Ash Wednesday: Vespers at Christ Lutheran Church.
Begins: 7:02 P.M. (two minutes late)
Attendance: about 45.
Lutheranism has a set of practices that don’t fit together like those of other Protestant denominations because it combines an insistence on the evangelical doctrine of justification by faith alone with a liturgical form of worship that includes elements that Protestants would associate with Catholicism. The priest celebrates facing the altar, back to the congregation. After the confession, no namby-pamby assurance of God’s forgiveness of our sins -- the priest forgives them himself, straight up.
Christ Lutheran Church is associated with the Lutheran Church of Canada, the section of the church associated with the Missouri Synod in the United States, not the Evangelical Lutheran Church, the branch which is racing the Anglican Church of Canada into perdition.
I associate the Lutherans with Germans. I wonder how much fact there is to this association in this day and age. The pastor preaching speaks to my question, mentioning in his sermon that people ask him how he became a Lutheran minister with an English last name like “Duke”-- shouldn’t he be an Anglican or Methodist or something?
The Lutherans combine their prayer book and hymnal into one book. Smart move -- prevents congregations from wandering off the reservation and selecting a hymnbook according to their own preferences. I don’t know that I’ve ever been to a Vespers service before. There is no Bible on the pews, nor are the texts of the lessons shown on the overhead, so you have to actually listen to the reader. Lutherans don’t seem to be big on lay participation -- priests read the lessons, no lay-led prayers for the people.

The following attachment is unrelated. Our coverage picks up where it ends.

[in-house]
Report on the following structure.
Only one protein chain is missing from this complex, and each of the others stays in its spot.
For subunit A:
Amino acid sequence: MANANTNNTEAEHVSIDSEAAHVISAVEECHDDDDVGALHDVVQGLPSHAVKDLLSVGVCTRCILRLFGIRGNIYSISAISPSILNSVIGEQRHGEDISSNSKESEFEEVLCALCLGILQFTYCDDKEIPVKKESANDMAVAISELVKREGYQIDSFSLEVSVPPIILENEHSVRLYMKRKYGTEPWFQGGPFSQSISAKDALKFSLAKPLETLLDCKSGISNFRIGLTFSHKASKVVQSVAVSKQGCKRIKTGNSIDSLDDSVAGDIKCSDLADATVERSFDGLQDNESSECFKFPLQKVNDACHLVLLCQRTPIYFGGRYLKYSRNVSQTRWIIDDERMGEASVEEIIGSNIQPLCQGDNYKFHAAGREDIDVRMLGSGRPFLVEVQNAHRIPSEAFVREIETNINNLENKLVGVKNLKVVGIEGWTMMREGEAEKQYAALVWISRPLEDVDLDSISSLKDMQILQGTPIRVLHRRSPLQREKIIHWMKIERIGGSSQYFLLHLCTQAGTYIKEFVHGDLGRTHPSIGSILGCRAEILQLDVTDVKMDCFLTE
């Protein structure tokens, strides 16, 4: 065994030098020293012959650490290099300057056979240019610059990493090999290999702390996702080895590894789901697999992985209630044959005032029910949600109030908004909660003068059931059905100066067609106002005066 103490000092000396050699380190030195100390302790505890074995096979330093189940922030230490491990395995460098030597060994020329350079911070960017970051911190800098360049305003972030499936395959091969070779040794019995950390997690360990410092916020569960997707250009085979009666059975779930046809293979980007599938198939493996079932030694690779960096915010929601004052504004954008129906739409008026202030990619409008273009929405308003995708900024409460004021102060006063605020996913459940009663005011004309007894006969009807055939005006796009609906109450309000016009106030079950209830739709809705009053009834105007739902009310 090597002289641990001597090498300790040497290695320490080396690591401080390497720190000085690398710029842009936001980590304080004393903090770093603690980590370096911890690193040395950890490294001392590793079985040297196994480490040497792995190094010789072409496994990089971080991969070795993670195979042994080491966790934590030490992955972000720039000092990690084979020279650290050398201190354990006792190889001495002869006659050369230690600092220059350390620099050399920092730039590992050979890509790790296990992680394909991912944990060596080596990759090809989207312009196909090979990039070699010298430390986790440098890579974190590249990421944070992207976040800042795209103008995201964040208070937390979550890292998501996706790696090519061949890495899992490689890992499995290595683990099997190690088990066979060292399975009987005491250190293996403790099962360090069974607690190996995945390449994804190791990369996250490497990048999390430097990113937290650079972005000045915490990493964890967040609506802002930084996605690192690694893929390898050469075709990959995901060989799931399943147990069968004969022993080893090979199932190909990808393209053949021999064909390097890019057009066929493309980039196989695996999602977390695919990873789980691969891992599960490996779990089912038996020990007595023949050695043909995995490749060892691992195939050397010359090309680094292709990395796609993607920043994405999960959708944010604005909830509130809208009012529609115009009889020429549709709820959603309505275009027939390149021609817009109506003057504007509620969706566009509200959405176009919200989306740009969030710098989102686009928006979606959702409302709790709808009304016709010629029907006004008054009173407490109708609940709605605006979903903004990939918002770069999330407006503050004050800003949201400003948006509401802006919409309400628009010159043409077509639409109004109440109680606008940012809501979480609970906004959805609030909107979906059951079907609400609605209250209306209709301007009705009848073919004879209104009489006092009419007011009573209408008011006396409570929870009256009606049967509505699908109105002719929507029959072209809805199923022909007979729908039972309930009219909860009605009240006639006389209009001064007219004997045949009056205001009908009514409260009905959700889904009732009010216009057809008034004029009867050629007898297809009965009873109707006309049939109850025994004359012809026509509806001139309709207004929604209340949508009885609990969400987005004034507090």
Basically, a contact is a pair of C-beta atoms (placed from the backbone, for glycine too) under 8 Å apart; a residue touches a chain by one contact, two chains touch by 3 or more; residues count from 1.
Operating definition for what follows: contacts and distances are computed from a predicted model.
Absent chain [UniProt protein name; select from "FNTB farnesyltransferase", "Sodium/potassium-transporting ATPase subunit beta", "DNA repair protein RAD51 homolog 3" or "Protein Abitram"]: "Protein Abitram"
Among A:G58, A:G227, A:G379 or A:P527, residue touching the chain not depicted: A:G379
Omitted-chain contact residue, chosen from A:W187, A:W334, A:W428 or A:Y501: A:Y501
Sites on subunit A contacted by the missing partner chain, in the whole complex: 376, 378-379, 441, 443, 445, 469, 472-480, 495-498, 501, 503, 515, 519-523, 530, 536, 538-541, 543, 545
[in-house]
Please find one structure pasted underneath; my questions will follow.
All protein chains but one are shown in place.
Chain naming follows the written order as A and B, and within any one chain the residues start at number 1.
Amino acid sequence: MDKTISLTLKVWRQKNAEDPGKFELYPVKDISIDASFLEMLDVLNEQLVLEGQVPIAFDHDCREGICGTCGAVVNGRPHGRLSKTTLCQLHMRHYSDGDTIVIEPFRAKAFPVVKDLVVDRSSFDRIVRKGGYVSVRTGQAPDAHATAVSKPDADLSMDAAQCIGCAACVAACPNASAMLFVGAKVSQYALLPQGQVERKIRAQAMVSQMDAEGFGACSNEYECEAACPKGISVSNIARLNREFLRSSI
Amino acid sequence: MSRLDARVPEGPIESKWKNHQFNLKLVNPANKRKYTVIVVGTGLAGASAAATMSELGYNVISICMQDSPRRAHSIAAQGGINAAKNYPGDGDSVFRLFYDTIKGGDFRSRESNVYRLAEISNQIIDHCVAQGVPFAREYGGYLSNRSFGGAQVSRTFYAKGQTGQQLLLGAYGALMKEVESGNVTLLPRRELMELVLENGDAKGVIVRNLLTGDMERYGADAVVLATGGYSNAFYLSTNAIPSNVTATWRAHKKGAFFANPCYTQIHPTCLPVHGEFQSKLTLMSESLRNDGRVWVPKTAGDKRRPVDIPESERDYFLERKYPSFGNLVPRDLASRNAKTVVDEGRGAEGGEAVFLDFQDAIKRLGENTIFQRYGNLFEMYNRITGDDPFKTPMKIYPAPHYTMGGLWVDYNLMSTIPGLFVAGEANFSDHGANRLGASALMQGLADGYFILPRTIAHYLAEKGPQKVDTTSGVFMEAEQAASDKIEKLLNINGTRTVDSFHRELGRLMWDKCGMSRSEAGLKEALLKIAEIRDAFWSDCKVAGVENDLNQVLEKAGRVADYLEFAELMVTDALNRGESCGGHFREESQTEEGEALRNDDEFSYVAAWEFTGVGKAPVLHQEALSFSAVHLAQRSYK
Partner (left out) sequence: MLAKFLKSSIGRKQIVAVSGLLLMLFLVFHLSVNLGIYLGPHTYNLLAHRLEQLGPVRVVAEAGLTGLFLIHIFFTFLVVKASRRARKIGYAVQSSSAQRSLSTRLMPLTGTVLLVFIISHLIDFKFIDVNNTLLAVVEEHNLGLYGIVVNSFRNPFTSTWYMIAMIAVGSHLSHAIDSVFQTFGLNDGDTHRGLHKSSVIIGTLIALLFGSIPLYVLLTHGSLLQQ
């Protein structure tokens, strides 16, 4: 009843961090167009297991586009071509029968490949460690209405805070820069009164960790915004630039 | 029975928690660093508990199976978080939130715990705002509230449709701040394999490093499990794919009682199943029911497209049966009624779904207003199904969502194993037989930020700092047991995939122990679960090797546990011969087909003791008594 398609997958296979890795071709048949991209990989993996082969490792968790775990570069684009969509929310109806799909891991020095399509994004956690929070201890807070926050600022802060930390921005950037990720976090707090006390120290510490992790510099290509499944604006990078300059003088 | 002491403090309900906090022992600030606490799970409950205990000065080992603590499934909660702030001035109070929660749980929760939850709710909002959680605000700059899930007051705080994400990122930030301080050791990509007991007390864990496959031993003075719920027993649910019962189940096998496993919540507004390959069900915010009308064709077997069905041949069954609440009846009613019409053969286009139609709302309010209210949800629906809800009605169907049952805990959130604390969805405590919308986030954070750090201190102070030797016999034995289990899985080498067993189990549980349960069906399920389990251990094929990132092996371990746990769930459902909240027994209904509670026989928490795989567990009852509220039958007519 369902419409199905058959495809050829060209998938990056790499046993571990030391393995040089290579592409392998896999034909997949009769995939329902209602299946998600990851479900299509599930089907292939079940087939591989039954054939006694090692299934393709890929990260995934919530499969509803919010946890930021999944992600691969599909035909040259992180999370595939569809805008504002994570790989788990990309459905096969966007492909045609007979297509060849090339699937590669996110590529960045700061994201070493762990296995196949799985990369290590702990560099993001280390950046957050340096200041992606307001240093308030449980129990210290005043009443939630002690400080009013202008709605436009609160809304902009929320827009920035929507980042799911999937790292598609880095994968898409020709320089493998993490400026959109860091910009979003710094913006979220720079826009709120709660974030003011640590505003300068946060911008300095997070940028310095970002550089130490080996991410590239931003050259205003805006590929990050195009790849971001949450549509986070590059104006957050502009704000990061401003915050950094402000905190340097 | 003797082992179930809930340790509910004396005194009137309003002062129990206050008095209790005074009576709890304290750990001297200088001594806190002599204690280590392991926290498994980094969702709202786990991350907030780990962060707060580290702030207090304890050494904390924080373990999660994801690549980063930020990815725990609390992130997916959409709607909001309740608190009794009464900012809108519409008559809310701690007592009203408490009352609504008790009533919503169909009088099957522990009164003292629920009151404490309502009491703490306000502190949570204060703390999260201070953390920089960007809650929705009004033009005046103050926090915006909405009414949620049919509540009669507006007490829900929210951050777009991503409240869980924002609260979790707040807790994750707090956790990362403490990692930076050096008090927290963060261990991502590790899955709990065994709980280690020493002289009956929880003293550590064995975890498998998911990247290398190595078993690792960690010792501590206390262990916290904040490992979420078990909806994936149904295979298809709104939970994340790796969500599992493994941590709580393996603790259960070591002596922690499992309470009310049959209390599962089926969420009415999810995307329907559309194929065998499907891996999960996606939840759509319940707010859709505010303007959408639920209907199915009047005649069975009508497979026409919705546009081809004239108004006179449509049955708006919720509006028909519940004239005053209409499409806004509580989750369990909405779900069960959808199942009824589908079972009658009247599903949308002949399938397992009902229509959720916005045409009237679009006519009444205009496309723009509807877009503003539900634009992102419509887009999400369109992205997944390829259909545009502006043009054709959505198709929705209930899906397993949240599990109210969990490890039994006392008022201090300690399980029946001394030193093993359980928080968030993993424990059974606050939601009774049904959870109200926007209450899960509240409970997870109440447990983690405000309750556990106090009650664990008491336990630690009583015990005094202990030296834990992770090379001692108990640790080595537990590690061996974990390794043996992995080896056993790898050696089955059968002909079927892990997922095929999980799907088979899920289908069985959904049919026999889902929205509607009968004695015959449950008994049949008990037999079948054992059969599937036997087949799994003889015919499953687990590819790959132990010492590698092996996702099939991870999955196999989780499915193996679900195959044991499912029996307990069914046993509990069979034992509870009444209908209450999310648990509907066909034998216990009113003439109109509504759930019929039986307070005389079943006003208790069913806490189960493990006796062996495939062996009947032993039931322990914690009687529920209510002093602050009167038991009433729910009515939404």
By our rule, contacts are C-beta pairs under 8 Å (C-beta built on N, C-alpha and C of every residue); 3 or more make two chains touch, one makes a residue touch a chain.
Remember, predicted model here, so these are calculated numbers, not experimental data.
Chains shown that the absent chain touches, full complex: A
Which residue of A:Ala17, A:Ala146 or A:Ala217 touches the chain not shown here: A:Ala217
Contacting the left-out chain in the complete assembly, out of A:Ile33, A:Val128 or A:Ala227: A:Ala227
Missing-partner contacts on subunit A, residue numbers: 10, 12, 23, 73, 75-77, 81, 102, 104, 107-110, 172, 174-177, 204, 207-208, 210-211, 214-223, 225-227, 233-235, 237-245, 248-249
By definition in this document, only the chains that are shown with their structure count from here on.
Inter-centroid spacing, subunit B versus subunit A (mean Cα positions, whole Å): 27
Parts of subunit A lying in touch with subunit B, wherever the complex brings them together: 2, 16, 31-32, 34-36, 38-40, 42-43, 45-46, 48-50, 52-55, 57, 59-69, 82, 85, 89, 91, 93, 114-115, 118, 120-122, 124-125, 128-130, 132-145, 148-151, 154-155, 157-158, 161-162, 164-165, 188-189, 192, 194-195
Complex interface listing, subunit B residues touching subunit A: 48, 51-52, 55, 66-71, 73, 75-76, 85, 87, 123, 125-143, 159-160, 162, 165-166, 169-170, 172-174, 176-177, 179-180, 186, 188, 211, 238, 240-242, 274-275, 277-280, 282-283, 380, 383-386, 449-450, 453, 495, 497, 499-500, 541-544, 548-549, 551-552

I would receive communion, but although I would consider myself enough in communion with the Lutherans,they don’t feel the same way about me.
I don’t approve of preachers giving personal stories from the pulpit, but Pastor David Duke (wonder if he’s thought of changing his name) has a long one that’s worth the time. It’s about his grandfather, who was sent to SMU to be trained to be a minister but discovered there that he wasn’t Christian, went to Europe in World war I, was shot in the back and told that he would never have children, developed an addiction to morphine, came home and found his wife taking up with another man. he refused to grant a divorce,and his wife attempted to poison him, to murder him. they divorced. He married an indian woman (not sure whether Creek or Cherokee) and fathered four children. His family disinherited him, not approving of his Indian wife. Now we’re into the Depression, and his humanities-type skills and interests are of no help finding a job. He becomes a dirt farmer. Granddad is a hard drinker and beats his children. The Methodist and Baptist preachers come by once in a while to tell him he’s going to Hell. He thoroughly prepares himself for these visits with substantial anointing with hard whiskey and enjoys inviting them and confuting everything they say, with Scriptural support as required.(remember, he was going to be a pastor himself). The Lutheran preacher comes by...and unlike the others, when Granddad offers him to take something from the whiskey jug himself the Lutheran accepts, and their conversation is, if not exactly friendly, civil. (This would also be a fine anti-temperance story.) The wife ends up coming to Church, converts, and is allowed to join the Church despite their officialwhites-onlypolicy. Their children are thus raised as Christians. At the very end of this life, after a stroke and in serious agony, Granddad eventually goes down on hsi knees, makes a confession and avowal of faith,and becomes a Christian.
The lesson from the story is that Granddad is just as much a Christian, just as “good as”, other Christians, despite his late conversion; the foil is an unnamed woman leader within the congregation (presumably not this one) who looks down on Granddad, his being a drunkard and child-beater and all, and scoffs at his deathbed conversion. It’s a good lesson, but after the boffo opening, it’s a bit of an anticlimax.
At this Ash Wednesday service there is no Imposition of Ashes. I know from being here on Sundays that there is no coffee hour, so I don’t expect to find anything available after the service with which to end my (supposed) fast. Nor are they into the modern practice of training members to gravitate towards visitors and impress upon them how welcome they are. But I felt welcome anyway.